To stop corporate secrets leaking, examine your culture

To stop corporate secrets leaking, examine your culture

Sharing. It’s a crucial part of relationships. We give, and take. We share our lives, our worries, our hopes. We talk about our days, what we saw and heard. We make confidences, and in doing so can breach others.

In romantic relationships, sharing is a powerful instinct. And it got a senior executive from with The Star casino fired, according to newspaper reports.

The executive is accused of breaching confidentiality provisions in her contract after a series of email exchanges with her boyfriend, who happened to be the New South Wales premier Barry O’Farrell’s communications director, Peter Grimshaw. The emails have played a key role in an inquiry by the NSW Casino Control Authority, and a growing rift between the casino’s owners and the NSW government.

The unplugged hole: why leaking is so difficult to stop

The Star is owned by Echo Entertainment Group (ASX: EGP), whose plight highlights the difficulties companies face in controlling and managing sensitive information. It’s human nature to share information. Revealing inside information one is privy to both enhances the person’s reputation as an insider, and signals trust in the listener, experts say.

This makes it difficult to prevent leaks.

Jennifer Frahm, founder of change management communications consultancy Conversations of Change, says businesses impress the importance of confidentiality on those in their organisation “with great difficulty.”

This concern underlies a lot of the decisions made about communicating changes.

“Often the strategy is silence,” she says, adding that legal reporting requirements on listed companies make the problem particularly difficult for those businesses.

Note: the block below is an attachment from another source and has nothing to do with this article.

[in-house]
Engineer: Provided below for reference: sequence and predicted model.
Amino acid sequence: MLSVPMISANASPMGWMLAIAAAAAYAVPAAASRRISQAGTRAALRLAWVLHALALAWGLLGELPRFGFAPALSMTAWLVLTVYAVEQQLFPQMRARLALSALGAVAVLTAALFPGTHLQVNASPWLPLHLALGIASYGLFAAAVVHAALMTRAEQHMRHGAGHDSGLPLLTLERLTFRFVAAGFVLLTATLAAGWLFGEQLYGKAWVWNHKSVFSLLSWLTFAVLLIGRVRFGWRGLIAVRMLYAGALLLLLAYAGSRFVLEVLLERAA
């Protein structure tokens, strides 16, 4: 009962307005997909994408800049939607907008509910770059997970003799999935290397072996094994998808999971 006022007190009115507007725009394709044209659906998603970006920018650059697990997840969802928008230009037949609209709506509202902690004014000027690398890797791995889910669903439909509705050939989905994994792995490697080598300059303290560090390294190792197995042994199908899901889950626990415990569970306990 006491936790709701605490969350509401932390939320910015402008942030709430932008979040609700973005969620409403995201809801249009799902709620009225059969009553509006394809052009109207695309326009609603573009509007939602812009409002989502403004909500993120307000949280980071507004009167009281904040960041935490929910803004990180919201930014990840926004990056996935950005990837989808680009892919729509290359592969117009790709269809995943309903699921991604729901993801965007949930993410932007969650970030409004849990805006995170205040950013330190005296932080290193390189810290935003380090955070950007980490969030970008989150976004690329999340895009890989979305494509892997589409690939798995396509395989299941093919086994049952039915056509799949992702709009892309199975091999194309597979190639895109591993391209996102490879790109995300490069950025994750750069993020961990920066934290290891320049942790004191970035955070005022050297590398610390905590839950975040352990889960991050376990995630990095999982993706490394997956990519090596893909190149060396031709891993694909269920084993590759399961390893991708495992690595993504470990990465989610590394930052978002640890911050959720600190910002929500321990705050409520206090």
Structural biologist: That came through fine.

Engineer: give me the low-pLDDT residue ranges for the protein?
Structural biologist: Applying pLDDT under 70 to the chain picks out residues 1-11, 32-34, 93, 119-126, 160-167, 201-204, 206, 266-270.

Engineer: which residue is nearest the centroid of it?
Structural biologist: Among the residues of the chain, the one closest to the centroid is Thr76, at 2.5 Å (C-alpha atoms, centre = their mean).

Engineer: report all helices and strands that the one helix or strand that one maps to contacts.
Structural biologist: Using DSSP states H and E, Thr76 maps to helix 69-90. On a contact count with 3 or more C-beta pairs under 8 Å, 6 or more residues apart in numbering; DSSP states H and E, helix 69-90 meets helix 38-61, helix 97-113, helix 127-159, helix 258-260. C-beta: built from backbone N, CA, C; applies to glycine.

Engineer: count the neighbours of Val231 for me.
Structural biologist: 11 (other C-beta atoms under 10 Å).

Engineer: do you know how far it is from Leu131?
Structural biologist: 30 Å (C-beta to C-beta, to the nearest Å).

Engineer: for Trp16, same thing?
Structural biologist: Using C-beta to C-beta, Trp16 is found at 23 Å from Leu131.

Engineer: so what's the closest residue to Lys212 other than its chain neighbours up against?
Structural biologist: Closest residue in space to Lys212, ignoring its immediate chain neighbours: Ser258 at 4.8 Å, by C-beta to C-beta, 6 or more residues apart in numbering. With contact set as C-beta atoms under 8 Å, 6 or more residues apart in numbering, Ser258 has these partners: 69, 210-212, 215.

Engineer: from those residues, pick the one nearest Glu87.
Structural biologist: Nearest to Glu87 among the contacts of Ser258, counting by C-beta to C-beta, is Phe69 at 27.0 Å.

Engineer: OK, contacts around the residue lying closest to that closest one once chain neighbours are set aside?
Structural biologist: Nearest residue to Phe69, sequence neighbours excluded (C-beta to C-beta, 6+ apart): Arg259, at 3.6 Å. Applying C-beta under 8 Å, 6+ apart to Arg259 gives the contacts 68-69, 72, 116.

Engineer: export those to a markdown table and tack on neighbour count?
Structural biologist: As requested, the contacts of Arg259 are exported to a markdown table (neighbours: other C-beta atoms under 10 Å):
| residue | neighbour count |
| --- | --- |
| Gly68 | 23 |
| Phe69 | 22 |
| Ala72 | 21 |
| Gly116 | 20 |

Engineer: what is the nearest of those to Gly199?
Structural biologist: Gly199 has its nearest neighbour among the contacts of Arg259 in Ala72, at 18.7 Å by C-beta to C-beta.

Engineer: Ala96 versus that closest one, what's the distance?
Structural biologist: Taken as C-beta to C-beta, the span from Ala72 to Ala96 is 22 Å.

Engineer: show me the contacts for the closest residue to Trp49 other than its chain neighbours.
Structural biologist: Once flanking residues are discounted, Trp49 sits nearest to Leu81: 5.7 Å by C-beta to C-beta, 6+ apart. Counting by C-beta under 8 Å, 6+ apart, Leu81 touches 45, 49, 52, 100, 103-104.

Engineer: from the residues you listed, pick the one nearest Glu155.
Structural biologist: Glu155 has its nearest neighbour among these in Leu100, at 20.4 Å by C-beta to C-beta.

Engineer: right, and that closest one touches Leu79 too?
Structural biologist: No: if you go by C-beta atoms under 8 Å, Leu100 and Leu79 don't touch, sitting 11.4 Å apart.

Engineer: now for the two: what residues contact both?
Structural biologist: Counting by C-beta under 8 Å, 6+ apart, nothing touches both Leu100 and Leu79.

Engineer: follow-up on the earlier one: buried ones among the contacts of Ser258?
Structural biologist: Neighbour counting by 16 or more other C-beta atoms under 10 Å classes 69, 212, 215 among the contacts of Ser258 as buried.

“I think you can assume that anything you tell somebody else in the organisation could end up on the front page of a newspaper during change. To not assume this is foolhardy.”

Companies can hope to contain information by building strong trust with their employees, and by carefully and persuasively explaining why information has to be kept in-house, Frahm says. Outlining when the information will be made public can help, too.

“[But] the assumption has to be that the moment you communicate changes, it can go broader.”

Lobbyist Jody Fassina says he thinks some leaking is unavoidable.

Leaks can come from aggrieved current or former employees, but just as often they come from well-meaning staff when they let their guard down.

“At the end of the day, you’re sitting at the bar and chatting about the week’s events… that very easily becomes someone talking off the record to a competitor,” he says.

“All an organisation can do is instil a culture where that’s not acceptable.

Fassina thinks leaking should be taken seriously. “Loose lips sink ships,” he says.

Leaders should emphasise that leaking is unprofessional, and continually reinforce that message. And they should make it clear that their professional obligations extend, no matter what the situation.

Strategic leaking can be just as damaging

Companies often strategically leak information, but this can have unintended consequences.

Frahm says ‘leaking’ misleading information is a common tactic for organisations in competitive industries. They use strategic leaks to distract their competitors.

But any leaking, no matter how strategic, can backfire, as Echo Entertainment is finding out. The company is back in the business pages today as competitor James Packer calls for heads to roll. On Sunday Echo admitted to leaking emails between its former senior executive and her boyfriend, O’Farrell’s communications advisor, to two newspapers in an effort to “protect the company’s reputation”.

Fassina warns that organisations that strategically leak may not be setting the best example for their employees.

“At the end of the day, the culture of an organisation is set from the top,” he says. “The board and CEO have responsibility for implementing it. If an organisation is strategically leaking from the top … then others below think ‘Oh, that’s the way the business works.’ They may feel it’s their right to leak damaging information that benefits them.”

The benefits of openness

It may seem like keeping strategic information tightly-held in a small group of people is the obvious solution. But Frahm says this may cause resentment.

“It really depends on the size of the organisation, and what the culture is,” she says. “If you have a culture around open communication, and you suddenly withhold, you can do a lot of damage for years to come.”

Frahm admits that discussing the importance of confidentiality is a very difficult conversation to have.

“[But] those who are courageous, and do it, see lasting benefits.”

Footnote: LeadingCompany, of course, is happy to receive leaks

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